Oct 22 2020

Bridge-Builders: A Prelude to Kamala Harris

Published by at 6:25 pm under From Time to Time

From Time to Time

History does not repeat itself,
But it certainly likes to rhyme.





Black Colleges, German-Jewish Refugee Academicians

and The Civil Rights Movement:

A Prelude to Kamala Harris, the “Mameleh


 by Michael Panitz, Old Dominion University


The selection of Senator Kamala Harris as the Democratic Party’s nominee for Vice President, a woman of multi-cultural (South Asian and Jamaican) heritage, is without a doubt partly the effect of the renewed American focus in 2020 on the year’s second pandemic, the pandemic of racism. The massive wave of protests that broke across the cities of this country after the putative murder of George Floyd, an African American, by a White Minneapolis police officer has produced profound political as well as social consequences. Blacks and Whites marched together, demanding a dismantling of the structures of institutionalized oppression in the United States. One of the two major political parties, the Democratic Party, aligned itself with the protestors, and its (then) presumptive nominee, Former Vice President Joe Biden, signaled that he was looking closely at selecting a Black, female running mate. Senator Harris, already a serious contender for that post prior to the Floyd murder, became the leading contender in June and was duly selected in August.

One of the sad ironies of this season of protest against bigotry is that it has exposed a strain of anti-Semitism within the African American community. Despite the demonstrations of support on the part of most Jewish Americans for the protests against racial injustice towards Blacks, there has been a dismaying drumbeat of anti-Semitic expressions on the part of American Black cultural icons. The rappers Diddy, Ice Cube and Waka Flocka Flame, the sports journalist Nick Cannon and the celebrity athletes DeSean Jackson and Stephen Jackson followed in the footsteps of the inveterate anti-Semite, Minister Louis Farrakhan, voicing a range of anti-Semitic tropes: the Jews own all the banks; they murder Black children; they are satanic.[1] Jewish fellow athletes then engaged their peers in attempts to raise consciousness. Moreover, other prominent African Americans, such as the sports legends Charles Barkley and Kareem Abdul Jabbar, the sports journalist, Jemele Hill, and the cultural critic L.Z. Granderson, called out those expressions of bigotry[2]. Some, although not all, of those who had made bigoted remarks then recanted them.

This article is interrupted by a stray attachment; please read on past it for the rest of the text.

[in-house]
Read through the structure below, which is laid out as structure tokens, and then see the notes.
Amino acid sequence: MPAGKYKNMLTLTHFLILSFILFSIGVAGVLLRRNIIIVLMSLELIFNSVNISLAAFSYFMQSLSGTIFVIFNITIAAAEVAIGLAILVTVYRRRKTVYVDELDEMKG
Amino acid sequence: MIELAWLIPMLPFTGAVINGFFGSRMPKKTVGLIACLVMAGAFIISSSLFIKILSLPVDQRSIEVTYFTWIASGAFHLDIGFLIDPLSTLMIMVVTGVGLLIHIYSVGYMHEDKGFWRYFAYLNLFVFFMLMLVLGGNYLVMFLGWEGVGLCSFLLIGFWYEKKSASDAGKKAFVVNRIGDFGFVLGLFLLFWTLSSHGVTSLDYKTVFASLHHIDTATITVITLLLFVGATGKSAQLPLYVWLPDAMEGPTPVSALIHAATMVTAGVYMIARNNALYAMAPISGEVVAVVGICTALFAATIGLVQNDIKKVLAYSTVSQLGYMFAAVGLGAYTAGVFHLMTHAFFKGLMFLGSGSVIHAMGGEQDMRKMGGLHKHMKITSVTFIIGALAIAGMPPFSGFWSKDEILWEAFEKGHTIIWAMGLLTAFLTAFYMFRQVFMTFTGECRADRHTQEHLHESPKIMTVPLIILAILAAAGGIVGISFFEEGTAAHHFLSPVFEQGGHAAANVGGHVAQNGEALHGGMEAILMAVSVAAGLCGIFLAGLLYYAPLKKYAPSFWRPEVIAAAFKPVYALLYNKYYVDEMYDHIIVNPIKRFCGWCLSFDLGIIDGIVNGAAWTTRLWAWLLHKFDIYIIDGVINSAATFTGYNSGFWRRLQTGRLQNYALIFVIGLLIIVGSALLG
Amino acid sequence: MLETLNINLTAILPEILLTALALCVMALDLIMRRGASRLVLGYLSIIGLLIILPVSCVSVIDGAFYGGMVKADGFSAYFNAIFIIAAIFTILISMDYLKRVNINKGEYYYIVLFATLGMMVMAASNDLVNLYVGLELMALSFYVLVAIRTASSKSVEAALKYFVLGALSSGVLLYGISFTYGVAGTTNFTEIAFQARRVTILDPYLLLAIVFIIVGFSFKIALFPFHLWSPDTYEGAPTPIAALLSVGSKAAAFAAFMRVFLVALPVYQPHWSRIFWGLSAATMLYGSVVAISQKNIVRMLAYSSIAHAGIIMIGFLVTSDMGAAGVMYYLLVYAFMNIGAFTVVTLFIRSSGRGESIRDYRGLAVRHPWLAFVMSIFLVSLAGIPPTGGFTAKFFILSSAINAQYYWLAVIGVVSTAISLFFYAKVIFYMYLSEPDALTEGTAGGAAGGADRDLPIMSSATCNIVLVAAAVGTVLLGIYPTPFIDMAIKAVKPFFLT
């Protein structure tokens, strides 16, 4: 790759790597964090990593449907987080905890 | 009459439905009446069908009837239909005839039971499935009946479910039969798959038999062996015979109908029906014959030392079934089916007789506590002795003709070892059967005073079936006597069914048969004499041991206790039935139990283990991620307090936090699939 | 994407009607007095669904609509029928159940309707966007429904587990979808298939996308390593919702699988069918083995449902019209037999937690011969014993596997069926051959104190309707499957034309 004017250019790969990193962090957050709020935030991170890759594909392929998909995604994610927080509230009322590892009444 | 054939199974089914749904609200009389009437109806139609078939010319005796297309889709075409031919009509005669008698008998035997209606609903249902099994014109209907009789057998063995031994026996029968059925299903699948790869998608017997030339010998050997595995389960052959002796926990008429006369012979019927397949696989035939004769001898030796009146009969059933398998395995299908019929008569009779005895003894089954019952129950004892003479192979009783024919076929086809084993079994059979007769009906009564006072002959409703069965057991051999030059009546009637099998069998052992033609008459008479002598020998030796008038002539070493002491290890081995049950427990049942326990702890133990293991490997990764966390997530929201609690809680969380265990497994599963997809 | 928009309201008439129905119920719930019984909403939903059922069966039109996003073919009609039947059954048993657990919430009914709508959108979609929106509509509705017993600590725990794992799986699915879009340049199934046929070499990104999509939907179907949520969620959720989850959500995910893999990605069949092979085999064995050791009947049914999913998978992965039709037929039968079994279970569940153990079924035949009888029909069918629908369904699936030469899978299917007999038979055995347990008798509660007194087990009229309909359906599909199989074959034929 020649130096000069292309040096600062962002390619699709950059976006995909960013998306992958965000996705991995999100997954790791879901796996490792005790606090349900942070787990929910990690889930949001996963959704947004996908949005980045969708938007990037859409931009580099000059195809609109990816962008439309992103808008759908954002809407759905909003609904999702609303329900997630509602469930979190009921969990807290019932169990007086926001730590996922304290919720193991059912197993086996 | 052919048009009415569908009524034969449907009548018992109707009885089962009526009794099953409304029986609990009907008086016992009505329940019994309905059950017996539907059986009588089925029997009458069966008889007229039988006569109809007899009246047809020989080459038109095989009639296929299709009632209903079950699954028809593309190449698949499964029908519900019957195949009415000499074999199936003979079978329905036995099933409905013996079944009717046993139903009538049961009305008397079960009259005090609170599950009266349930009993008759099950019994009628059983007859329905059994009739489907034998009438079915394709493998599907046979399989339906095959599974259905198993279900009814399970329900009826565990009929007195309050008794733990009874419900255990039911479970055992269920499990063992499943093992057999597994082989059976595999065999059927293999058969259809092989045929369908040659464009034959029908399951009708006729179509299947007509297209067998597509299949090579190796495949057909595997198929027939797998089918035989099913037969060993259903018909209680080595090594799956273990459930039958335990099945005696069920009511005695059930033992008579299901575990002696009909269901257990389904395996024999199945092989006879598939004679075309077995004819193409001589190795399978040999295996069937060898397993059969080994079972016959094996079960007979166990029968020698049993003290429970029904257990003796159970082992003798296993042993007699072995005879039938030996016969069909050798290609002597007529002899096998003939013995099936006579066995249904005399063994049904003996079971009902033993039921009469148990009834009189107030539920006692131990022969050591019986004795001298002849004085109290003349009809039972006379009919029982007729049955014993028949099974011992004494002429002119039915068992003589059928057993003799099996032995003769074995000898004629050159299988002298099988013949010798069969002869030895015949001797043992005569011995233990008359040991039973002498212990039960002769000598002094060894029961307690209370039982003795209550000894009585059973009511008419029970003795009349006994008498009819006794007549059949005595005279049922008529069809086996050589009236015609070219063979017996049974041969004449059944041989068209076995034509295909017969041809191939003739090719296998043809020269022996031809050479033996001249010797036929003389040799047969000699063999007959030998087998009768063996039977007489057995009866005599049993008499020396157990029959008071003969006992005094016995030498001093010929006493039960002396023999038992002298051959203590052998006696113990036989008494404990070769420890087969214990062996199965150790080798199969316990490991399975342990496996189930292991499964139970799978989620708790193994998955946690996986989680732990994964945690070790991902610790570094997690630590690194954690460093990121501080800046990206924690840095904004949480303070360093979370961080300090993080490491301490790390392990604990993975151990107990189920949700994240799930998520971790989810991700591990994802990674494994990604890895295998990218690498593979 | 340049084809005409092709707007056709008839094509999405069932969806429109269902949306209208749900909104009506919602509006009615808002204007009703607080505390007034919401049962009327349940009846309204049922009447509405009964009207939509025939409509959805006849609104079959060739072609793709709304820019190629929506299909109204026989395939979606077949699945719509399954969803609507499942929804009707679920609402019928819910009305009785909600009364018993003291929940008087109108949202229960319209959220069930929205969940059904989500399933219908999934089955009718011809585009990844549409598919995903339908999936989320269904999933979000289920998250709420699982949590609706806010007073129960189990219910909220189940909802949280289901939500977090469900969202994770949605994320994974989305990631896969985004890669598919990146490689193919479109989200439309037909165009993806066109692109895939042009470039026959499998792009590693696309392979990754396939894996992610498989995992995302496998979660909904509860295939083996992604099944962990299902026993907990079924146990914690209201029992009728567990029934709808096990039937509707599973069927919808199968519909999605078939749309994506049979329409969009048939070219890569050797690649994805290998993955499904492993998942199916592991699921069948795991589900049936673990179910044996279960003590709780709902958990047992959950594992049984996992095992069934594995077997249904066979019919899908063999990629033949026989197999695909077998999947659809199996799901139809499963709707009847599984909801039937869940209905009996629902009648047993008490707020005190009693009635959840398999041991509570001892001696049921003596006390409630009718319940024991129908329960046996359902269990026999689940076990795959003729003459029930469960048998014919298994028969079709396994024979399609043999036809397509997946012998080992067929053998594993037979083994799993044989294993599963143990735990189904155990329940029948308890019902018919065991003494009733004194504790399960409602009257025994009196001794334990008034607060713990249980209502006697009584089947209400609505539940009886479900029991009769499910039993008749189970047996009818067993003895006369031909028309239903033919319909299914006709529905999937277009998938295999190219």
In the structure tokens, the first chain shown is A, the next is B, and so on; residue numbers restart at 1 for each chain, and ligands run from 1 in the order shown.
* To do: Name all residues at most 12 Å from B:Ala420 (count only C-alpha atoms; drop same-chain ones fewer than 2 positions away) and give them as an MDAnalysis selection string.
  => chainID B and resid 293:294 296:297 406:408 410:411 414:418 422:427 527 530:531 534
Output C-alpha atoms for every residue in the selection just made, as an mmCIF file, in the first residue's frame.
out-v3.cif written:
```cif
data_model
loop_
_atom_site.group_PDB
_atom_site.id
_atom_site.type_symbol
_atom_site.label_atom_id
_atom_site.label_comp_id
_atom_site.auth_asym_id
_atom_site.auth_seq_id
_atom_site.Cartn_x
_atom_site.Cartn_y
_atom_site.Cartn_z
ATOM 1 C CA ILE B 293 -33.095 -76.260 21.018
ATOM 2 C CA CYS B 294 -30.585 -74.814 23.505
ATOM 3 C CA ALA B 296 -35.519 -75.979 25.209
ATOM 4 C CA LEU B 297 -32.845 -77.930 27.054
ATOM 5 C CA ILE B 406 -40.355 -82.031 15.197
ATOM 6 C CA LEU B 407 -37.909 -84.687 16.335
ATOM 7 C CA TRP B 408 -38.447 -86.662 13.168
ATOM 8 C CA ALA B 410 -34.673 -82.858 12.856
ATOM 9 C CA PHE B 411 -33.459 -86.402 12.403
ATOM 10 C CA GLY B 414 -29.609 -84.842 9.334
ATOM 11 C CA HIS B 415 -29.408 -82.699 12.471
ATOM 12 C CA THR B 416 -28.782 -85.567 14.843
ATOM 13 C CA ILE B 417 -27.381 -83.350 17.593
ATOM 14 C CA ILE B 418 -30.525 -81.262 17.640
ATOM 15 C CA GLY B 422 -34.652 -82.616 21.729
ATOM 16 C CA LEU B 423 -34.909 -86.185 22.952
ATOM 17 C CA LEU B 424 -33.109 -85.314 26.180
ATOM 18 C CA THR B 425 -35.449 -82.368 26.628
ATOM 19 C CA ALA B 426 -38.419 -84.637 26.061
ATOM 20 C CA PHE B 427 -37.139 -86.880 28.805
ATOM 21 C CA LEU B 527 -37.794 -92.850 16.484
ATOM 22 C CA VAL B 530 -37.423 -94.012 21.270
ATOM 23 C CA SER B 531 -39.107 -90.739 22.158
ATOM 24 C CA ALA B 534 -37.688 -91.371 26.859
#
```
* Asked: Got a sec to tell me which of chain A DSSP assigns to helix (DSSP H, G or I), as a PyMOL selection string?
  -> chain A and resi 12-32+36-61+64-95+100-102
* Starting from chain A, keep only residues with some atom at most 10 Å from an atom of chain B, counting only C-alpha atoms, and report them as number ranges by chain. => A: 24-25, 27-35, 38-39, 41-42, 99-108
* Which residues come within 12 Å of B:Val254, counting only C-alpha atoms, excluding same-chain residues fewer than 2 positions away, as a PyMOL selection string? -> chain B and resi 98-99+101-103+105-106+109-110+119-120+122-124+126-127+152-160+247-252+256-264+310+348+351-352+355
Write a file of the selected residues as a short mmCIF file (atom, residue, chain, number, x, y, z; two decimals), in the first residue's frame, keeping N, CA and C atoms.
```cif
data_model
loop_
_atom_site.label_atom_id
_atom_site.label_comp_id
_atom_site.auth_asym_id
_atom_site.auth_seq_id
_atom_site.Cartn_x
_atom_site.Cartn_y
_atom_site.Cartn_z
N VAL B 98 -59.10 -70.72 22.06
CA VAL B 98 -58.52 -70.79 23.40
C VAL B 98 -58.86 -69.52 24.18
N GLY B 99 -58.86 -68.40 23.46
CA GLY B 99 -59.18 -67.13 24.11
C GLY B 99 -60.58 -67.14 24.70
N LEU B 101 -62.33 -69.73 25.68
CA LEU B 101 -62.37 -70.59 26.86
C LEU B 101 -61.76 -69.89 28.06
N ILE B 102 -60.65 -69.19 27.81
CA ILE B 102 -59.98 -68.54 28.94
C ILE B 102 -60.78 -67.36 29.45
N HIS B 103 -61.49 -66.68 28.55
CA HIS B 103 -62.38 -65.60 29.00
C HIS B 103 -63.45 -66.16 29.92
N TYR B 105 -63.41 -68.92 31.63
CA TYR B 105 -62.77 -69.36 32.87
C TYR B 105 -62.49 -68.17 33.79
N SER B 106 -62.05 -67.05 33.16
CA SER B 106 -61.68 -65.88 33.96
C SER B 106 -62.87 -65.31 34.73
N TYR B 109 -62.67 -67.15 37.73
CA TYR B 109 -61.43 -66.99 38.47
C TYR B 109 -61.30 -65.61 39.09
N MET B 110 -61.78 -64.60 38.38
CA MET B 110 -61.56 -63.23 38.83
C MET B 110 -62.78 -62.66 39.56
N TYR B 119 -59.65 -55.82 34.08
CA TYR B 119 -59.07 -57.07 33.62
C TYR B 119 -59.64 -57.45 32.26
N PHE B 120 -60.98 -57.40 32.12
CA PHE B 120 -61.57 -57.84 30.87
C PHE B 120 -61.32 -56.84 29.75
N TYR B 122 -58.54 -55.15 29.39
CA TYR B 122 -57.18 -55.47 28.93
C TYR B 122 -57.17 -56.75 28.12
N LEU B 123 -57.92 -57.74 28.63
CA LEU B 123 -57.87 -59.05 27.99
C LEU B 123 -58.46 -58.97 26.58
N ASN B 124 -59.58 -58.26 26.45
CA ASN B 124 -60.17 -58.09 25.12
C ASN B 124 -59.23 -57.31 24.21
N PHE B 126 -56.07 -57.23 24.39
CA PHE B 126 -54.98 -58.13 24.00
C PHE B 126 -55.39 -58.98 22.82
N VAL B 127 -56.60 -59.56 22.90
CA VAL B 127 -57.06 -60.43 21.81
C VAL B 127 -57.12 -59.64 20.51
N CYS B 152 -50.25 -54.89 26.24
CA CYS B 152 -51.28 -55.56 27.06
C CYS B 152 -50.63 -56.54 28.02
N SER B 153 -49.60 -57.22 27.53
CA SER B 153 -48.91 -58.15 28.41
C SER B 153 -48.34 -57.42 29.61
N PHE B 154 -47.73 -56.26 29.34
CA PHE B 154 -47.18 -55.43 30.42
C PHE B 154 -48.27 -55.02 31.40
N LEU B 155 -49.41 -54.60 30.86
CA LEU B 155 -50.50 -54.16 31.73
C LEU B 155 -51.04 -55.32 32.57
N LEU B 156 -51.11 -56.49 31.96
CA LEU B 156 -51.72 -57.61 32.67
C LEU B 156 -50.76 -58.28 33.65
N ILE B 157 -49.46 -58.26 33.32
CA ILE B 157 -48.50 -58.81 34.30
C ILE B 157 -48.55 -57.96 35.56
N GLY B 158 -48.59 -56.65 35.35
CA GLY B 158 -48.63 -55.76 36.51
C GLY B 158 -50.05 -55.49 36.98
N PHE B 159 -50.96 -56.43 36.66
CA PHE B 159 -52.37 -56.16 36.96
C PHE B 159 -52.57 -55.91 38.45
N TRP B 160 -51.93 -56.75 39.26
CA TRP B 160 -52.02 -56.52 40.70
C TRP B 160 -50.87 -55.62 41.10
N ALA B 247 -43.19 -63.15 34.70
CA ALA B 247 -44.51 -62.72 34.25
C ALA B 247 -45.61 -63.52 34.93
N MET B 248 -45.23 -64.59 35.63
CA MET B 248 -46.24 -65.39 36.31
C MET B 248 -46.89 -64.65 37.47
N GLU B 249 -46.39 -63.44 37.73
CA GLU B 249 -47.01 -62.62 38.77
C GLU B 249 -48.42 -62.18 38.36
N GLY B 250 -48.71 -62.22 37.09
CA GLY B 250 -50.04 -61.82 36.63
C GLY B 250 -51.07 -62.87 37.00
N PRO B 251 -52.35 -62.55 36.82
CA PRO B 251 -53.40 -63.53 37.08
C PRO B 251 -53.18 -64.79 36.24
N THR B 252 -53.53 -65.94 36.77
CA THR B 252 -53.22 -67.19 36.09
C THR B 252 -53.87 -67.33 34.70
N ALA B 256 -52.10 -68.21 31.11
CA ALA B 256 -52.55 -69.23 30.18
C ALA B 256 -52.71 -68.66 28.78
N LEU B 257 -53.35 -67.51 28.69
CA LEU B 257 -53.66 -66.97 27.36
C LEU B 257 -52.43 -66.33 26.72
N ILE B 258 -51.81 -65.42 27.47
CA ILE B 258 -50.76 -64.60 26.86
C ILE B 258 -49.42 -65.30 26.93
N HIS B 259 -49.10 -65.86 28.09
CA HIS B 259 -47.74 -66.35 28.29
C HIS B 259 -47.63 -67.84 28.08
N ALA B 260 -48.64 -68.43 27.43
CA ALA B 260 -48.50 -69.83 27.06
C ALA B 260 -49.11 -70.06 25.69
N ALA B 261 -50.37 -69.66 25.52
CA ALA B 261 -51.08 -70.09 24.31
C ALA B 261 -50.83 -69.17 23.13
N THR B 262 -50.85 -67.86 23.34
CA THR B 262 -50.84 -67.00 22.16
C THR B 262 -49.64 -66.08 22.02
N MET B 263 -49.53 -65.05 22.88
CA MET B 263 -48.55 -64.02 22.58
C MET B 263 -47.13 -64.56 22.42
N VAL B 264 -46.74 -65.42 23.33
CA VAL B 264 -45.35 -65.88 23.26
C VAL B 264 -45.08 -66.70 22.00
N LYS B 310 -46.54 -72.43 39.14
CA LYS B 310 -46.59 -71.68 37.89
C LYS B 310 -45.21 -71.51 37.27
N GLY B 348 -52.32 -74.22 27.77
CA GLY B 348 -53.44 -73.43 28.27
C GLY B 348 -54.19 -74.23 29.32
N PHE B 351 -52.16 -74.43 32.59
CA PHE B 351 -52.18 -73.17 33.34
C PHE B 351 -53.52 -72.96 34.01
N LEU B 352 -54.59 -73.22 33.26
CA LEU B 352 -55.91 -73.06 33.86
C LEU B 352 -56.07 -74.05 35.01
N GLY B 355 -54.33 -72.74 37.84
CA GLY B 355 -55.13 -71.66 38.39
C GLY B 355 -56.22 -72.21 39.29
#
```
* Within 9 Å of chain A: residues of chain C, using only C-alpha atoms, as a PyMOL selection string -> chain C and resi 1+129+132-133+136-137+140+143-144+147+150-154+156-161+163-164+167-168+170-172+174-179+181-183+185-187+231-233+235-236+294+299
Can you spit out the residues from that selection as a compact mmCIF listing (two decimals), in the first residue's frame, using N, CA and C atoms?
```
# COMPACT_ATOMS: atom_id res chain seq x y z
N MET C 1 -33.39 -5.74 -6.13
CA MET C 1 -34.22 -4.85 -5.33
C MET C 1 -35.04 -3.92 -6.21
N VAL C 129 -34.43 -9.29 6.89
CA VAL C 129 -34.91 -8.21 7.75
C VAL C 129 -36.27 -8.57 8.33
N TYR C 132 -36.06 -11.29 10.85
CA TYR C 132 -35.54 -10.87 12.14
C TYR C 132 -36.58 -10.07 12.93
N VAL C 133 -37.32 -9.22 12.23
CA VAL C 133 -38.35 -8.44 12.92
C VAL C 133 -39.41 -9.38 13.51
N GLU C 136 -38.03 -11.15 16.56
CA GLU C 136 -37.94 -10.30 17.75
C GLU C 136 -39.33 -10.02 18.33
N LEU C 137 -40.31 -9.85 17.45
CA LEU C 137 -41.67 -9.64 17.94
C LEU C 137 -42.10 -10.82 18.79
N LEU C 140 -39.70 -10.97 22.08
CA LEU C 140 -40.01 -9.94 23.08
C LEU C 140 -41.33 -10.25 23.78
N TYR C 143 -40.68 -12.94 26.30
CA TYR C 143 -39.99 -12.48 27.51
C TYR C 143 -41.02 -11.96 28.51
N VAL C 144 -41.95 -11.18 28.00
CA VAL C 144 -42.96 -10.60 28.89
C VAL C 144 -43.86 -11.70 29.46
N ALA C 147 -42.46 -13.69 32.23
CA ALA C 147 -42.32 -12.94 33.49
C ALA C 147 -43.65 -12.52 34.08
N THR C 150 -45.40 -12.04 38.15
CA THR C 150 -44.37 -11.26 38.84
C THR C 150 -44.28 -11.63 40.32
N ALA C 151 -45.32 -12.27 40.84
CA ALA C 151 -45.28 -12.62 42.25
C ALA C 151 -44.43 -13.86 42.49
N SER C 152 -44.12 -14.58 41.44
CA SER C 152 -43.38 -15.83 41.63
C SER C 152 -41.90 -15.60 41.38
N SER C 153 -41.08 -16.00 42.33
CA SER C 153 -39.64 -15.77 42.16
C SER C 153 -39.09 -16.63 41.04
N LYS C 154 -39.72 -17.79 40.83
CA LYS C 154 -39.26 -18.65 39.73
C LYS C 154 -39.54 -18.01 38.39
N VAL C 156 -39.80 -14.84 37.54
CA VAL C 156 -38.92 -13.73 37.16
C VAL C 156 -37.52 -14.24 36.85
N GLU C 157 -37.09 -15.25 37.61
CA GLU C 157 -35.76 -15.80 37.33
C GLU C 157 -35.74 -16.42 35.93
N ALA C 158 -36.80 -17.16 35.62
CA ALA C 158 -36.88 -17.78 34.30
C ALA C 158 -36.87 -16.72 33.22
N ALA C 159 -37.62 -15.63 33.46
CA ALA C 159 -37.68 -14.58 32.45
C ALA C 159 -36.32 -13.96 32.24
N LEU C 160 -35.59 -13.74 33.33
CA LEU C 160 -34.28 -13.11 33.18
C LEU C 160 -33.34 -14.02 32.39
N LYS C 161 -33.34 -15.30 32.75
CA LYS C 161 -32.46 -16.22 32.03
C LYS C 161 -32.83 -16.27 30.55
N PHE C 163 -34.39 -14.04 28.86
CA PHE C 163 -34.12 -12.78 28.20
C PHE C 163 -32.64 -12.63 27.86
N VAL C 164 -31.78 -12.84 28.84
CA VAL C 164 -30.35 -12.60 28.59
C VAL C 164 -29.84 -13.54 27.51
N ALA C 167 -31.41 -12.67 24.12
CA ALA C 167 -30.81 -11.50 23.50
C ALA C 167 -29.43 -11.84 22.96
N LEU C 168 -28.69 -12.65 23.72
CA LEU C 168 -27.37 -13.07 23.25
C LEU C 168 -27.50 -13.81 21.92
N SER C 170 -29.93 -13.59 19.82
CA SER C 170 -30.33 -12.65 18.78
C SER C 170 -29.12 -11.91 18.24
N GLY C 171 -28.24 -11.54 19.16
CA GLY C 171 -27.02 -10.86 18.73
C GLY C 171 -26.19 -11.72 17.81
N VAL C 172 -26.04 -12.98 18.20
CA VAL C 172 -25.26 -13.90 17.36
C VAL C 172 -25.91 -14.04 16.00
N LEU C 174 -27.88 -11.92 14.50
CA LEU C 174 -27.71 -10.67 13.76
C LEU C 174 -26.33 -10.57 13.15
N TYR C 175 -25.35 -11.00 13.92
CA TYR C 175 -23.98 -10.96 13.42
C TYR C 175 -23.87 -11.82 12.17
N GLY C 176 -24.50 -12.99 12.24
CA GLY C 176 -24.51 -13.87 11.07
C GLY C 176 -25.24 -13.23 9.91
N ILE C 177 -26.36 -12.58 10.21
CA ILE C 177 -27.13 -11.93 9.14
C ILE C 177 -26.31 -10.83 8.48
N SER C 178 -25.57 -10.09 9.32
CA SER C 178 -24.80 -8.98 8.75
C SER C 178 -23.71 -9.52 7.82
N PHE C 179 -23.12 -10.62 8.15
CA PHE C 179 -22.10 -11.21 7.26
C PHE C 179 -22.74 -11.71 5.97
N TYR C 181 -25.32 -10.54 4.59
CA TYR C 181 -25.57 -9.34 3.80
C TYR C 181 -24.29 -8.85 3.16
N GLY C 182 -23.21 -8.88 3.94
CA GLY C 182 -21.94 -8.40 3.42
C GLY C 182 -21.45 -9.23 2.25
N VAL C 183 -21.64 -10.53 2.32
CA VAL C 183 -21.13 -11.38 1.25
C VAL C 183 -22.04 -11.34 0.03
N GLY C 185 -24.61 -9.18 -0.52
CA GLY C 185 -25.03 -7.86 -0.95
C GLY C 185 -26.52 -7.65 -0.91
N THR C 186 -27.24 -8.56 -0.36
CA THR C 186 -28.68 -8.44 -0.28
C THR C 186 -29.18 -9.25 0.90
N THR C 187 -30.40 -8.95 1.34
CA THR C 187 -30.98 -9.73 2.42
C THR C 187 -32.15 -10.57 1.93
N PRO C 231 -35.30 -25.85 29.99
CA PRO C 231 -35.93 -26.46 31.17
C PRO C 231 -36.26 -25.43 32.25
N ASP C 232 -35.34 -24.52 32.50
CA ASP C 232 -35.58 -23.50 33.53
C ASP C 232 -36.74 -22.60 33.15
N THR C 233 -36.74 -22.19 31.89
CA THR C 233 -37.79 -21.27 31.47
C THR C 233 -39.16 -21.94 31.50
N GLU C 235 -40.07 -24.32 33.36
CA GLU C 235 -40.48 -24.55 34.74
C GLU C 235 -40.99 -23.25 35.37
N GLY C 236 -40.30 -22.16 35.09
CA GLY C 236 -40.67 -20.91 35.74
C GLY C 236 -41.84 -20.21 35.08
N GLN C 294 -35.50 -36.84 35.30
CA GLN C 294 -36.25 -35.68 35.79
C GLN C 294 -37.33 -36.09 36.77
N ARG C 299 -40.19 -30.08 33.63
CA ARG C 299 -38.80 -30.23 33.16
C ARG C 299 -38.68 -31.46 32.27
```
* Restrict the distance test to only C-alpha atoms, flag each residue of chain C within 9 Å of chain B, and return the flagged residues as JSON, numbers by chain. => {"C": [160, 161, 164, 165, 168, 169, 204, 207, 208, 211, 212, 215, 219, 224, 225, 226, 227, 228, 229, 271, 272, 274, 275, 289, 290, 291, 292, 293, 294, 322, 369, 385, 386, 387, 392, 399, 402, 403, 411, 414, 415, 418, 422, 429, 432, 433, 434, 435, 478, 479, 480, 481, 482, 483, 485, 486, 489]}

Even so, the flurry of expressions of anti-Semitism served as a sobering reminder that high levels of anti-Semitic prejudice recorded in earlier surveys of African Americans have not disappeared.[3]

Against this backdrop, the elevation of Senator Harris offers positive prospects. Although a few progressives, White and Black, have criticized Harris as being insufficiently radical, a large chorus of voices has responded approvingly. Significantly, both Blacks and Jews have applauded her selection enthusiastically. It came as a revelation to many Jews that Senator Harris is married to Douglas Emhoff, a Jewish man, and that she celebrates aspects of Yiddish and Jewish culture in her family’s identity. Her fondness for the term of endearment, “Mameleh” (Yiddish for “mother dear”) can serve as a shorthand for the widespread embrace of Senator Harris by a majority of American Jews: Kamala has become a Mameleh.